The GMAT. It’s an acronym that strikes fear in the hearts of many a prospective MBA student. And for good reason: while your GMAT score is just one data point out of your entire package for the AdCom to consider, it’s often viewed as proof of academic prowess. A strong performance on the GMAT is a key component of the MBA application to most top business schools. But what can you do if your score isn’t where you want or need it to be?
Whether your lower-than-desired score is a result of illness, test anxiety, or just plain insufficient prep time, don’t let it throw you off your game. Make peace with the fact that it’s totally normal to take the GMAT more than once. In fact, I typically advise clients to plan for two attempts at the GMAT, leaving a buffer for a retake if needed.
There’s really no harm in taking the test several times, and unless you score well right out of the gate, you often will do better the second time—you’ll have fewer nerves, more familiarity with the process, and no big surprises. There’s no such thing as a bad test, just opportunities to build on and learn from.
If you didn’t prepare enough, then ramp up your studying, take a class, or consider hiring a tutor who can help you streamline your efforts and teach you the best methods for answering the various question types.
Also, don’t worry about how the schools will perceive those multiple tests. Admissions committee members often interpret this dedication to improving your score as a sign that you’ll do whatever it takes to prove you’re ready for business school.
While it’s natural to become hung up on achieving the highest score possible, or fixate on the average GMAT score reported by the schools, I urge test-challenged clients to focus instead on aligning their scores within the 80 percent range. Many schools list this information directly within their class profiles.
Keep in mind that this high number is primarily for those targeting a top-tier MBA program. For example, the 80 percent range for the MBA class entering UC Berkeley’s Haas School of Business in fall 2016 is 680-750. Columbia Business School had a similar 80 percent range this year of 680-760, and University of Pennsylvania’s Wharton School listed the 80 percent range as 700-770 for the class of 2017.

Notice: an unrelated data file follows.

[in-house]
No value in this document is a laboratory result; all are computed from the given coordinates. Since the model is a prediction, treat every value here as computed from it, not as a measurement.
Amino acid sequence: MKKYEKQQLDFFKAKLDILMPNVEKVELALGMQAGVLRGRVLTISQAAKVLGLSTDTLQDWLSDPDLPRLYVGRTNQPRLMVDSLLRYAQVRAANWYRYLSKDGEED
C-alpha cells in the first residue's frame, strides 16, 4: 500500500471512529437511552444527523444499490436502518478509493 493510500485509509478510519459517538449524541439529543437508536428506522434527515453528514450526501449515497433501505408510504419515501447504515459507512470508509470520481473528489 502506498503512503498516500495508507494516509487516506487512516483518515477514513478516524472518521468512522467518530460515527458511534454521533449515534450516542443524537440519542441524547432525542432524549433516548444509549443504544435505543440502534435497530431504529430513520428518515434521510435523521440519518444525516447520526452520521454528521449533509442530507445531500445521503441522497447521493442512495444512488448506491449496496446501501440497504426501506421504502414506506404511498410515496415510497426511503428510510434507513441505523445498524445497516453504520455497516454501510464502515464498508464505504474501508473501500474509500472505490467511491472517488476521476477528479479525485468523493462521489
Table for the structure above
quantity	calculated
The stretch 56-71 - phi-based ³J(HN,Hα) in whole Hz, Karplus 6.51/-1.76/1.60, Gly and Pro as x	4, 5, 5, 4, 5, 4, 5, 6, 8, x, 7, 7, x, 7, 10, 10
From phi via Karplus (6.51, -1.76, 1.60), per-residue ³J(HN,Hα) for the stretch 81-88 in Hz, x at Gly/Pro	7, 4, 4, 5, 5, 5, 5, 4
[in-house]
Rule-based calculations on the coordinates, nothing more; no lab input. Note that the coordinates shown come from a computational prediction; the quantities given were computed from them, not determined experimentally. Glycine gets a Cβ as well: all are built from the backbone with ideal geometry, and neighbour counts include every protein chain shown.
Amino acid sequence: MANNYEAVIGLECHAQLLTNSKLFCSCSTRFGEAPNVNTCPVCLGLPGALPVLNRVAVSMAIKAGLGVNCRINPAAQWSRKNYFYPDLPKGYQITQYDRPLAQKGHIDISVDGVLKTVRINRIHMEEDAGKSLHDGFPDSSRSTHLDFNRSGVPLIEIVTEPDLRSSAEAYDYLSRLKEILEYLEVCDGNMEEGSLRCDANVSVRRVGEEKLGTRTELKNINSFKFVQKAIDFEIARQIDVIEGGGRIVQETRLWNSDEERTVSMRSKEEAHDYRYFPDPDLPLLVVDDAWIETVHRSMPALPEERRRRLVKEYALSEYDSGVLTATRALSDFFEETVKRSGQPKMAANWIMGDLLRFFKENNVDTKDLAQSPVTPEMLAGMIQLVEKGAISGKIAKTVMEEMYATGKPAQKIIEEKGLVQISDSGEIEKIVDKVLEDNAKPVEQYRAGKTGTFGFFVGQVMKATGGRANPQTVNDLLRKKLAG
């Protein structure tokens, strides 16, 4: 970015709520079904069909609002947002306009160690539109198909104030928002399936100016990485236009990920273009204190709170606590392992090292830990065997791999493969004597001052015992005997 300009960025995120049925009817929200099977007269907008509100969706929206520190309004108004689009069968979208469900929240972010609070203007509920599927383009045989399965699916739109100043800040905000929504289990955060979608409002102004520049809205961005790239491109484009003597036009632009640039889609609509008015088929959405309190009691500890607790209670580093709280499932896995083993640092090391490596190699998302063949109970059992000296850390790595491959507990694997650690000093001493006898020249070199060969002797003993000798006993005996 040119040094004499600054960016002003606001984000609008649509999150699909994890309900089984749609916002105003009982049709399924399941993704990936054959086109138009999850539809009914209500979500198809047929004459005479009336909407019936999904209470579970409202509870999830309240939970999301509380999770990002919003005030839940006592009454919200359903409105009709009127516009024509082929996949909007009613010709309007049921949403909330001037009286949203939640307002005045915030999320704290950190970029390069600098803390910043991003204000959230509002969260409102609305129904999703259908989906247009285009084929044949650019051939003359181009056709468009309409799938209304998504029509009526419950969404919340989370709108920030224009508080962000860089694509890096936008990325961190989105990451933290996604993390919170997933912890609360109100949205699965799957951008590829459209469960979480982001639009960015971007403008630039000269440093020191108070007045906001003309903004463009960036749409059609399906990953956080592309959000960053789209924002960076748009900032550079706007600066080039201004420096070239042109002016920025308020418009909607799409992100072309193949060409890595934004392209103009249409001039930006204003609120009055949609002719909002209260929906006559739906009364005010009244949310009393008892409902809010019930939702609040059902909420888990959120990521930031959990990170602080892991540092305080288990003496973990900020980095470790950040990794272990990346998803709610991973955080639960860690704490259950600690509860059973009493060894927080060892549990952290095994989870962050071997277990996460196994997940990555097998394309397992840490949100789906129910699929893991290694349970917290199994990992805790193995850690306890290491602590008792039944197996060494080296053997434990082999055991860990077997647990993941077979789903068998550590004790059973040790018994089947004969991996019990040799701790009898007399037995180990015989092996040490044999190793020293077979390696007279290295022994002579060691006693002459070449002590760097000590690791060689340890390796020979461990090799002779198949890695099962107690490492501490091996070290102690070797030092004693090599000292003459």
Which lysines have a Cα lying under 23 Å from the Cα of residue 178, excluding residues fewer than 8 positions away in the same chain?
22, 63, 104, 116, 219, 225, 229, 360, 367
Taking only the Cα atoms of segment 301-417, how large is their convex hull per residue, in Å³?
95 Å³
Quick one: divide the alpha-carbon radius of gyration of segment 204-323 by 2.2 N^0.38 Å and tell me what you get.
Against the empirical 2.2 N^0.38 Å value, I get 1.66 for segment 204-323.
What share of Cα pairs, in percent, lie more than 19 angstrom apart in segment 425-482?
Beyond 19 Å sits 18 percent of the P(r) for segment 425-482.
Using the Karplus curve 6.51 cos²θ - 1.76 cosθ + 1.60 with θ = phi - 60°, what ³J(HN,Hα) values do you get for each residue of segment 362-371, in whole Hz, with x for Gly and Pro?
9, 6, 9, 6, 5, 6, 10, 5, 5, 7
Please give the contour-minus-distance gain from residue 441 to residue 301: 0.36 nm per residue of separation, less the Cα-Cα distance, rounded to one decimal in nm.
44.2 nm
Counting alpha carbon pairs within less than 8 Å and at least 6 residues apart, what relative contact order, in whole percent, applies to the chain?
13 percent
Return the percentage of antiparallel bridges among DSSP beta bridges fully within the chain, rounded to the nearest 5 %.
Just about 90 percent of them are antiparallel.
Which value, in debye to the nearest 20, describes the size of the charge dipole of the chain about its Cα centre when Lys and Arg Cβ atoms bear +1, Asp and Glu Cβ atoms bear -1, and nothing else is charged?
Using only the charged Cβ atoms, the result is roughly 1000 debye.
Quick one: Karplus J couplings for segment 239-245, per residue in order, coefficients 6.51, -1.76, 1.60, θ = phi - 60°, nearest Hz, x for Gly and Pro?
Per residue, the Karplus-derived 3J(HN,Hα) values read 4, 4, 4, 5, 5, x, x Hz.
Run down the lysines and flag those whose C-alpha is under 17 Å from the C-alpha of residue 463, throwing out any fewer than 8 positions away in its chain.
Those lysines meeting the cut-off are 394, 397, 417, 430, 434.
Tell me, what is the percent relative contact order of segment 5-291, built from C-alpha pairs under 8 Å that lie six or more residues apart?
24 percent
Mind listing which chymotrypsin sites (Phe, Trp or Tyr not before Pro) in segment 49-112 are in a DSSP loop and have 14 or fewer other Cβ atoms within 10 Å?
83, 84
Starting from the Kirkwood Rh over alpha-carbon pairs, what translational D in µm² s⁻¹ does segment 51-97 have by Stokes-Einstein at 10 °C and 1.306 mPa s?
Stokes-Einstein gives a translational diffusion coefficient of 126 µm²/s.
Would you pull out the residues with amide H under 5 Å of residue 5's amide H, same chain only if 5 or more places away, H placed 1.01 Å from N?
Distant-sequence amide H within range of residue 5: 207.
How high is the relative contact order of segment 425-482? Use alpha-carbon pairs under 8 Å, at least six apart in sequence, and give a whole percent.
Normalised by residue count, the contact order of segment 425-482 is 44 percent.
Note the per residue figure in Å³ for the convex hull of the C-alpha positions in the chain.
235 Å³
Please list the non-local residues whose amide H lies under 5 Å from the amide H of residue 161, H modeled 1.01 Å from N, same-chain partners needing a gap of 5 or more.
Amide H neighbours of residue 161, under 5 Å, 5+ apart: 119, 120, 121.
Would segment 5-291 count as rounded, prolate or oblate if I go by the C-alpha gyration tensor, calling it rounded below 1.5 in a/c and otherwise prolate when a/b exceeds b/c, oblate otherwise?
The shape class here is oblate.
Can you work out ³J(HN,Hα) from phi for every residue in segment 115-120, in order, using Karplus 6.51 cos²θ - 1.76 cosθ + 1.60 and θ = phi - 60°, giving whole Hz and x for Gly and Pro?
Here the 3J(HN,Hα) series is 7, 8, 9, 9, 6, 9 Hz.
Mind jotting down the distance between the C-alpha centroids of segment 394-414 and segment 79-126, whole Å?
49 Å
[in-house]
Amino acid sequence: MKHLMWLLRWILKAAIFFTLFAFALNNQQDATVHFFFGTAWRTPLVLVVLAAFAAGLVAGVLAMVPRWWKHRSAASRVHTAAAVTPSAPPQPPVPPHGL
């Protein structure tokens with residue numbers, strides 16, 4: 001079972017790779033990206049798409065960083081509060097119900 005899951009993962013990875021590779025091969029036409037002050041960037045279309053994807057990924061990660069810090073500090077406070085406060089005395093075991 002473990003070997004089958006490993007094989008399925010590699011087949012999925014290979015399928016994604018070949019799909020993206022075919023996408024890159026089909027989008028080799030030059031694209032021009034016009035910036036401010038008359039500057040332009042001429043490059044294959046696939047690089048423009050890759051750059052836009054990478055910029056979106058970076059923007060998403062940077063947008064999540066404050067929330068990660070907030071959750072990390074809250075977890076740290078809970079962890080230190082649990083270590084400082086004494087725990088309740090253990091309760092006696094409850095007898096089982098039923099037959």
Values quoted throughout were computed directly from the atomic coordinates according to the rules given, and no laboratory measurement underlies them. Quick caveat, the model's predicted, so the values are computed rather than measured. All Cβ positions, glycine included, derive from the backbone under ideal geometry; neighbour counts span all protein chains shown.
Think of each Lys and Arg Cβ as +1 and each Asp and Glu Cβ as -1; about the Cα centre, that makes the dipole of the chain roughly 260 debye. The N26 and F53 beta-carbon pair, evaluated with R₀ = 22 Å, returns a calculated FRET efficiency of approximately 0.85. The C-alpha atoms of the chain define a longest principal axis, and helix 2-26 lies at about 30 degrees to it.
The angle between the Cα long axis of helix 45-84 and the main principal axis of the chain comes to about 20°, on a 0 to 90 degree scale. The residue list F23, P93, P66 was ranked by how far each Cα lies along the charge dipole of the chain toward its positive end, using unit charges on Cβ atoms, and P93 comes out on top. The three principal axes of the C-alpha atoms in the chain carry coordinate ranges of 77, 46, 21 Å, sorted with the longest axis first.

If you scored a 680, think carefully about whether a retake would significantly improve your overall candidacy. You may decide your energies should instead go toward focusing on your essays, or coaching recommenders.
Targeting these numbers at the lower end, rather than at the out-of-reach average, may keep your application viable. However, if you’re 50 points away, it’s time to rethink your selected programs and consider adding options in the top 20 or 30.
You can still leave the highest-ranked options on the table, but these have officially become what we call “reach” schools. Applicants looking at programs in the top 20 or 50 should check the average scores of admitted students to determine their personal target GMAT score.
If your score hasn’t improved significantly despite two or more attempts, don’t beat yourself up over it. Turn your focus to taking a broader look at your entire application strategy. The GMAT score foretells how well one would do in the core academic courses of an MBA program, but isn’t a predictor of success throughout the entire b-school experience. This is why most schools have a holistic approach to considering each application.
It’s entirely possible to offset a low GMAT score with a proven track record in a quantitative job, a high GPA from a respected undergraduate school, and compelling leadership activities. Put your energies toward boosting your candidacy in the areas of your application you can control, namely the essays, extracurriculars, and to some extent, the recommendation letters, where your recommenders can highlight your quantitative skills.
Although you may feel tempted to use the optional essay to explain a low test score, try to resist, as this will likely come across as making excuses rather than providing additional information.
Business school hopefuls can be incredibly hard on themselves when they make mistakes on the GMAT, but should actually think of each error as a learning opportunity and a chance to improve. So don’t become discouraged if your first score isn’t where you’d hoped.